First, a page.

Tuesday, July 14, 2009

USDA Secretary Vilsack Speaks At NAACP Convention

Agriculture Secretary Tom Vilsack, left, participated in the NAACP's 100th Anniversary celebration in New York, N.Y., and reaffirmed his commitment to advancing civil rights at the agency - both for the department's customers and employees. He said the U.S. Department of Agriculture (USDA) is implementing a comprehensive and aggressive program to improve the department's record on civil rights by correcting past errors, learning from mistakes, and moving into a new era as a model employer and premier service provider.

The Obama Administration has already taken several actions to improve civil rights at USDA. In May, President Obama announced his plans to include settlement funds for black farmers in the FY 2010 budget to bring closure to their long-standing lawsuit against the U.S. Department of Agriculture. In 1999, the USDA entered into a consent agreement with black farmers in which the agency agreed to pay farmers for past discrimination in lending and other USDA programs. Thousands of claims have been adjudicated, but thousands of other claims were not considered on their merits because problems with the notification and claims process hindered some farmers' ability to participate. The total amount offered by the federal government is $1.25 billion.

President Obama's announcement followed a memorandum released by Vilsack in April, which detailed an aggressive plan to promote civil rights and equal access at USDA. The memo announced the following: Temporarily suspending all foreclosures within the Farm Service Agency's farm loan program, which is not only aiding farmers facing economic hardship but also providing the opportunity to review the loan granting process for possible discriminatory conduct; Creating a Task Force to conduct a review of a sample of program civil rights complaints that have been processed or that are currently being processed - the complaints and inquiries total over 14,000, including over 3,000 that have not been processed; and Granting greater authority to USDA's Office of Civil Rights.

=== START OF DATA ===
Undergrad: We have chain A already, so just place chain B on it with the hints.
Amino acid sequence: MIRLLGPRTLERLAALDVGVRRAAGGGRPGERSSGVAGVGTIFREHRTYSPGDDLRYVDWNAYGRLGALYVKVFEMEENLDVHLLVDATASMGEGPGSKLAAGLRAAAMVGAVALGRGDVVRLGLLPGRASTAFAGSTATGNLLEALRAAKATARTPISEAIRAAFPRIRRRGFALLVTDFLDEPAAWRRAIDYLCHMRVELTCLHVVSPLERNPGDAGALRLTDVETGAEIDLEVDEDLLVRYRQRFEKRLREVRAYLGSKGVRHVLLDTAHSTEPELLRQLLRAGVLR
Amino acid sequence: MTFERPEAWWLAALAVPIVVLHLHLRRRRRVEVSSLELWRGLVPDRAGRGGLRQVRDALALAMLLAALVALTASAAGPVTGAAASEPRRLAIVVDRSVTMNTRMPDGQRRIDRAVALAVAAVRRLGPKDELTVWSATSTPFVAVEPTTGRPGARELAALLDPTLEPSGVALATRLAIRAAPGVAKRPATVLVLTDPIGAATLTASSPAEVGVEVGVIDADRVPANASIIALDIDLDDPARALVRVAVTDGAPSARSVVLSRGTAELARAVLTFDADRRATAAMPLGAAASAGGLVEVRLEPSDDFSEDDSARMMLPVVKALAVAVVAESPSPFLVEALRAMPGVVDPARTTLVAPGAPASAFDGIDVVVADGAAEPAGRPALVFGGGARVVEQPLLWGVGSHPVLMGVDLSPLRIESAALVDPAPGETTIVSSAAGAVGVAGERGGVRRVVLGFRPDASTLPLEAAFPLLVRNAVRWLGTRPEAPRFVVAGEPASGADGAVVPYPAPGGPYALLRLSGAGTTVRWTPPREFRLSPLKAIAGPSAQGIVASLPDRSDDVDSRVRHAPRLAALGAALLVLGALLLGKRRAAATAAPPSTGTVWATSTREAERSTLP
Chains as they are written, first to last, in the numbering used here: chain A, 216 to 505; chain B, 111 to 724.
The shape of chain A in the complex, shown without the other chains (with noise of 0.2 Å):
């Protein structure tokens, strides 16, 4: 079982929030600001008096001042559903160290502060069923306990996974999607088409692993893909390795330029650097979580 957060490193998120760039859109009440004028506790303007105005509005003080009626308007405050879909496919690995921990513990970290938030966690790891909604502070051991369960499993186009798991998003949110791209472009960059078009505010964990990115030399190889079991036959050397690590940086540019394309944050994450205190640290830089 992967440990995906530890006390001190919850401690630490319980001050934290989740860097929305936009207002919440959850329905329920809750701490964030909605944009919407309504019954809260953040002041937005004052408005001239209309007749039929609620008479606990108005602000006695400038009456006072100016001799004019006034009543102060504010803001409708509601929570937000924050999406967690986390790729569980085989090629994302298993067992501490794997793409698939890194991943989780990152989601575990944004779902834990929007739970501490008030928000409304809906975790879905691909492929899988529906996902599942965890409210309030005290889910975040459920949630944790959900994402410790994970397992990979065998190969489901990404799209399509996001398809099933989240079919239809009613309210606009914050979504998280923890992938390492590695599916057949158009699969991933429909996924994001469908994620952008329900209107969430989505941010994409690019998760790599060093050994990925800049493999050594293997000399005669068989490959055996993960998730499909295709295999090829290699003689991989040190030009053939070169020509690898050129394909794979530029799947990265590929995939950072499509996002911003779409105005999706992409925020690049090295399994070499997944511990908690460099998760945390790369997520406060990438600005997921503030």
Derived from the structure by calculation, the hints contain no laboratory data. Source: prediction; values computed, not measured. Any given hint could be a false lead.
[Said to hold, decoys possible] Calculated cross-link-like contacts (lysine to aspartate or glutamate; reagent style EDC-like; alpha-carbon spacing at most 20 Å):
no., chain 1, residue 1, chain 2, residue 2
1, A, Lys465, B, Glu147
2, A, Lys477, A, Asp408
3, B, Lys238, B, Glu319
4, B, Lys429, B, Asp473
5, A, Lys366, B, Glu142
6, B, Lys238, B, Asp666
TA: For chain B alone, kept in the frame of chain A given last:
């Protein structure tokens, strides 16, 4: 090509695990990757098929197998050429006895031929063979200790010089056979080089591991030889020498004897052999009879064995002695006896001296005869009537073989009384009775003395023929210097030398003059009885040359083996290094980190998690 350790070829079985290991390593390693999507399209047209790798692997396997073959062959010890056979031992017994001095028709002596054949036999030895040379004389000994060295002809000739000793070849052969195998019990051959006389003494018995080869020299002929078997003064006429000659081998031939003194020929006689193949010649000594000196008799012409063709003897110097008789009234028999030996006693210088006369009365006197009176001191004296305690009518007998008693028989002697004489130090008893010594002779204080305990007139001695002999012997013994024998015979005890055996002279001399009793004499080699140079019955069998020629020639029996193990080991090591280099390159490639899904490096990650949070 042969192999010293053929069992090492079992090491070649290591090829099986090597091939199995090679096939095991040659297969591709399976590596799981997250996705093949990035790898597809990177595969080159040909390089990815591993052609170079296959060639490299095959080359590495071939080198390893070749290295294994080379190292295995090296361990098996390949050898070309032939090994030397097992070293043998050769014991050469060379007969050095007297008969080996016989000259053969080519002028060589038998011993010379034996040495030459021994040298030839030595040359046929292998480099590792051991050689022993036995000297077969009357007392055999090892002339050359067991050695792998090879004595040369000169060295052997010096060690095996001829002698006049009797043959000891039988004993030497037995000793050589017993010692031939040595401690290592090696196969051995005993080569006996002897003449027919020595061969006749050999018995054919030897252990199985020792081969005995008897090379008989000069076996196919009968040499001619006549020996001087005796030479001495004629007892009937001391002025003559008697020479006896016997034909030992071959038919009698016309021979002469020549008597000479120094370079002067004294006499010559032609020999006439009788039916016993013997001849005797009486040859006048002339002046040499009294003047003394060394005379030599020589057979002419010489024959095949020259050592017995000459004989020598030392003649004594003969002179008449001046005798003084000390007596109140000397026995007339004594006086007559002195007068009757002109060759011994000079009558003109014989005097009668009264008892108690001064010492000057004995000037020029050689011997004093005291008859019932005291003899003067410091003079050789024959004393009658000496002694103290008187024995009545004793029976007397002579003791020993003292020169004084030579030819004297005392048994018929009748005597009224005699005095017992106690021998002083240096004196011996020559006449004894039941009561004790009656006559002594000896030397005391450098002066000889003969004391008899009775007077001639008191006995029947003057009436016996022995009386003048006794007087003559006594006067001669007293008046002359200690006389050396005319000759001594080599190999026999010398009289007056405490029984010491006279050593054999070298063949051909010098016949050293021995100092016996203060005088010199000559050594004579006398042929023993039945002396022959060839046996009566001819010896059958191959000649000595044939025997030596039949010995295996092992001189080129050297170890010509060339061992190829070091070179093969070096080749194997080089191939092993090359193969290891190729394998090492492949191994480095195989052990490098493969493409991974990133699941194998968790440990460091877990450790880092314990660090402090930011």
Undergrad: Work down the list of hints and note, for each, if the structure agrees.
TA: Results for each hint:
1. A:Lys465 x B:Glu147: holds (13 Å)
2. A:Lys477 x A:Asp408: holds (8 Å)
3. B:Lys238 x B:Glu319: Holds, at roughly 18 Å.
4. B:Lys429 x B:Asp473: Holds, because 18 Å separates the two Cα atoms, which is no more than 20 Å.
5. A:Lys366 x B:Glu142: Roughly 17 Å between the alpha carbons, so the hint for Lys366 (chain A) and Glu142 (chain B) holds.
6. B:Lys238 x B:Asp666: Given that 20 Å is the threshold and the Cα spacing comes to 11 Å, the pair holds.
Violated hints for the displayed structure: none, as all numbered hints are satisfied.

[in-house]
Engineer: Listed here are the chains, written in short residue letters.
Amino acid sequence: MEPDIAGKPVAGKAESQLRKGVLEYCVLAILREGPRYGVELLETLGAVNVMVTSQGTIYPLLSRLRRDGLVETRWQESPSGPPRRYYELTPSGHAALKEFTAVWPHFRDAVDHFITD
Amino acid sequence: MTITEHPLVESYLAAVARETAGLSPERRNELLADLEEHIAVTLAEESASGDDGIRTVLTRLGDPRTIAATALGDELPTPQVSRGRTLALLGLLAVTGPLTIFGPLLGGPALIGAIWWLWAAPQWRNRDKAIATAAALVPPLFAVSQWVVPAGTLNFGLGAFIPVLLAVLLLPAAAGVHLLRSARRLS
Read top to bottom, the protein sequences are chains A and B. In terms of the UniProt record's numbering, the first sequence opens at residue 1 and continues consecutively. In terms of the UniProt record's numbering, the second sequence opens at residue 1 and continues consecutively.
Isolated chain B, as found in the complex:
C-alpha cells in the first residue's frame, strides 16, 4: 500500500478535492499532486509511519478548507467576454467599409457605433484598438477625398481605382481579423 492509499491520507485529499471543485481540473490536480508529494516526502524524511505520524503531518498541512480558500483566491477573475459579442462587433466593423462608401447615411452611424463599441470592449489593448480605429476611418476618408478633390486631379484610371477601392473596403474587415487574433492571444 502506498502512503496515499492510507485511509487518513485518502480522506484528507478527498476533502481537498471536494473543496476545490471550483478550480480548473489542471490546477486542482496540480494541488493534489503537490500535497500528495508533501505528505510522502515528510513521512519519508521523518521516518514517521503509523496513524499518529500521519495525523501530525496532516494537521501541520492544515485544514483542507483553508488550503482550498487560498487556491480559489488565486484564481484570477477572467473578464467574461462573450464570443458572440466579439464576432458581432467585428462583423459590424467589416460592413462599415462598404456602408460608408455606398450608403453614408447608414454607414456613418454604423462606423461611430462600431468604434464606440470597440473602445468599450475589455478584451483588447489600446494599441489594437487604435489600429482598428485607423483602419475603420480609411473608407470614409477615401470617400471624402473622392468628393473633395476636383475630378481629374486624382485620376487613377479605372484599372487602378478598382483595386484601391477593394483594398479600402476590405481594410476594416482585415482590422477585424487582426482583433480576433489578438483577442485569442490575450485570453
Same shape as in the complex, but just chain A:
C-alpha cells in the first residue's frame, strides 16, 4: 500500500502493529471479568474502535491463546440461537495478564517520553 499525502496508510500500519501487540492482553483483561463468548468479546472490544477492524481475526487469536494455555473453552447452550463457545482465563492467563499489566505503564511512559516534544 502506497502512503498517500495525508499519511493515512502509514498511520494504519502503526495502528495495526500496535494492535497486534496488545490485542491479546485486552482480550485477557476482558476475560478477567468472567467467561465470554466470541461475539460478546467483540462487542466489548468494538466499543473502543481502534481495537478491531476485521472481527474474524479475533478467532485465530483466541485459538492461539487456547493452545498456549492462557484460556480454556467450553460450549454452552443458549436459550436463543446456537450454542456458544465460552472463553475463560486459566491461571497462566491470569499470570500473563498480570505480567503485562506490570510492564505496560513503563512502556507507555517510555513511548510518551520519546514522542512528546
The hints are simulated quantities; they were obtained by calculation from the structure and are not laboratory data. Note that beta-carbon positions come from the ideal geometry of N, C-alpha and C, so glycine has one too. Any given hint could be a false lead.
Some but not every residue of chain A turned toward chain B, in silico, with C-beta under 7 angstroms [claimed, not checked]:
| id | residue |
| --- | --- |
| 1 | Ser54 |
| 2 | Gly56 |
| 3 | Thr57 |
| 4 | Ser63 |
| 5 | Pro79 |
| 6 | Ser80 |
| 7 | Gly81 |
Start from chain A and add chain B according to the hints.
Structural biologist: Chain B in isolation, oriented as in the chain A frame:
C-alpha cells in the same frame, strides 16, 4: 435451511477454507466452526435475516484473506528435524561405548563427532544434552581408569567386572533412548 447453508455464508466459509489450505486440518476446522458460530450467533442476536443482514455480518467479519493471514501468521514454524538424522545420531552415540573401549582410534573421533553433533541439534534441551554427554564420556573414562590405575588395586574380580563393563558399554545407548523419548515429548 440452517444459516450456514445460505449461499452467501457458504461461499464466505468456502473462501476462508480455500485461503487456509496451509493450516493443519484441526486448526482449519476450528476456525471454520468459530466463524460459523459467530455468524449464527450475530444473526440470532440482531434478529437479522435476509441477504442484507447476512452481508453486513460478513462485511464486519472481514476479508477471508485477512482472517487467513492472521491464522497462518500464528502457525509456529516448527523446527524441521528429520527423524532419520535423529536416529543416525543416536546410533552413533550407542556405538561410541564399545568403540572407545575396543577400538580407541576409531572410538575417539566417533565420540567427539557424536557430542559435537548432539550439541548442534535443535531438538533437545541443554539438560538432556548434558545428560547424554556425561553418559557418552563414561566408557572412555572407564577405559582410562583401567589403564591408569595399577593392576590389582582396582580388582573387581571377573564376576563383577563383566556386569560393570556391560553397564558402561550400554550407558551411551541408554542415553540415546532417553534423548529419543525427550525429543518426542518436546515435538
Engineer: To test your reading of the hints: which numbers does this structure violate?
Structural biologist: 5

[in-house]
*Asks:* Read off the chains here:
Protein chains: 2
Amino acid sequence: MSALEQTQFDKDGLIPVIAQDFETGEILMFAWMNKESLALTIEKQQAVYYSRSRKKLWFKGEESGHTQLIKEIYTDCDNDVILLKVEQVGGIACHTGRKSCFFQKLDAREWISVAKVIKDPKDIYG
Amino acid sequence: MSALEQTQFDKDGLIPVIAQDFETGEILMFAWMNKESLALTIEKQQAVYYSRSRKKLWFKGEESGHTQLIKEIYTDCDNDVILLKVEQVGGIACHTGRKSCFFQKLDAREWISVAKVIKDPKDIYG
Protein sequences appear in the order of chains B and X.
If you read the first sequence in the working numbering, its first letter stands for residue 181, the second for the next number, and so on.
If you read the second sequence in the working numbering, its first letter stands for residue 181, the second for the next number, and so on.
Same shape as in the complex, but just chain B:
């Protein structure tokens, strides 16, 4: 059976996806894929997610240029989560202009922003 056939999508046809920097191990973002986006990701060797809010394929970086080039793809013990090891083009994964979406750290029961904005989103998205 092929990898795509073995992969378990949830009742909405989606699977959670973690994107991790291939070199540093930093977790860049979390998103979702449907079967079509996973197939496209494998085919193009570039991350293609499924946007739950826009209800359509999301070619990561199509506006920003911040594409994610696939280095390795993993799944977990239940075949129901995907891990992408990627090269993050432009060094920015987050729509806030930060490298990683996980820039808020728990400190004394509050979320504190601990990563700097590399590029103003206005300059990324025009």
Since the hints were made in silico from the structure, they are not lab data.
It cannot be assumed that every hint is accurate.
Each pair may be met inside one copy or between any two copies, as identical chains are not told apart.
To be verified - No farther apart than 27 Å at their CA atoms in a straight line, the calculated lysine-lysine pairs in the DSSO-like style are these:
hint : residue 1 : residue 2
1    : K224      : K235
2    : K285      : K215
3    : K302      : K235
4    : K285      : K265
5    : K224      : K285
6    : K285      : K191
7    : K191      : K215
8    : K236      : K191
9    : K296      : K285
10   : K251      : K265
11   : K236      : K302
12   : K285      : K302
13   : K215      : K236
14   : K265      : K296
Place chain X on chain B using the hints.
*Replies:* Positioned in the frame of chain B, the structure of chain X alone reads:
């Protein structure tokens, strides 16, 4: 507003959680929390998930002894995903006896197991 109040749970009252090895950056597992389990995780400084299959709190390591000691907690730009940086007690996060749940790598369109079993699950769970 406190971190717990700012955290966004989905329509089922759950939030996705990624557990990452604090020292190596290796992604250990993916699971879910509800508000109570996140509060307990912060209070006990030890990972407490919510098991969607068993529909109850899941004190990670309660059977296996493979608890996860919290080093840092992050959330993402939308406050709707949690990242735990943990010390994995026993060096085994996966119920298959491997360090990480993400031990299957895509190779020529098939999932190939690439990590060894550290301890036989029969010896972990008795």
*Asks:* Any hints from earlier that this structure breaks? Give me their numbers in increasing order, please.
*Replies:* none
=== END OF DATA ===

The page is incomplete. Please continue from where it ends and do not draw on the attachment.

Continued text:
The Assistant Secretary for Civil Rights will collaborate with the other agencies to develop and implement a proposal for data collection across USDA, make sure all complaints are incorporated as part of one data system; and develop USDA policy and training to ensure that all complaints are received and dealt with in a consistent manner within a specific timeframe. (USDA)

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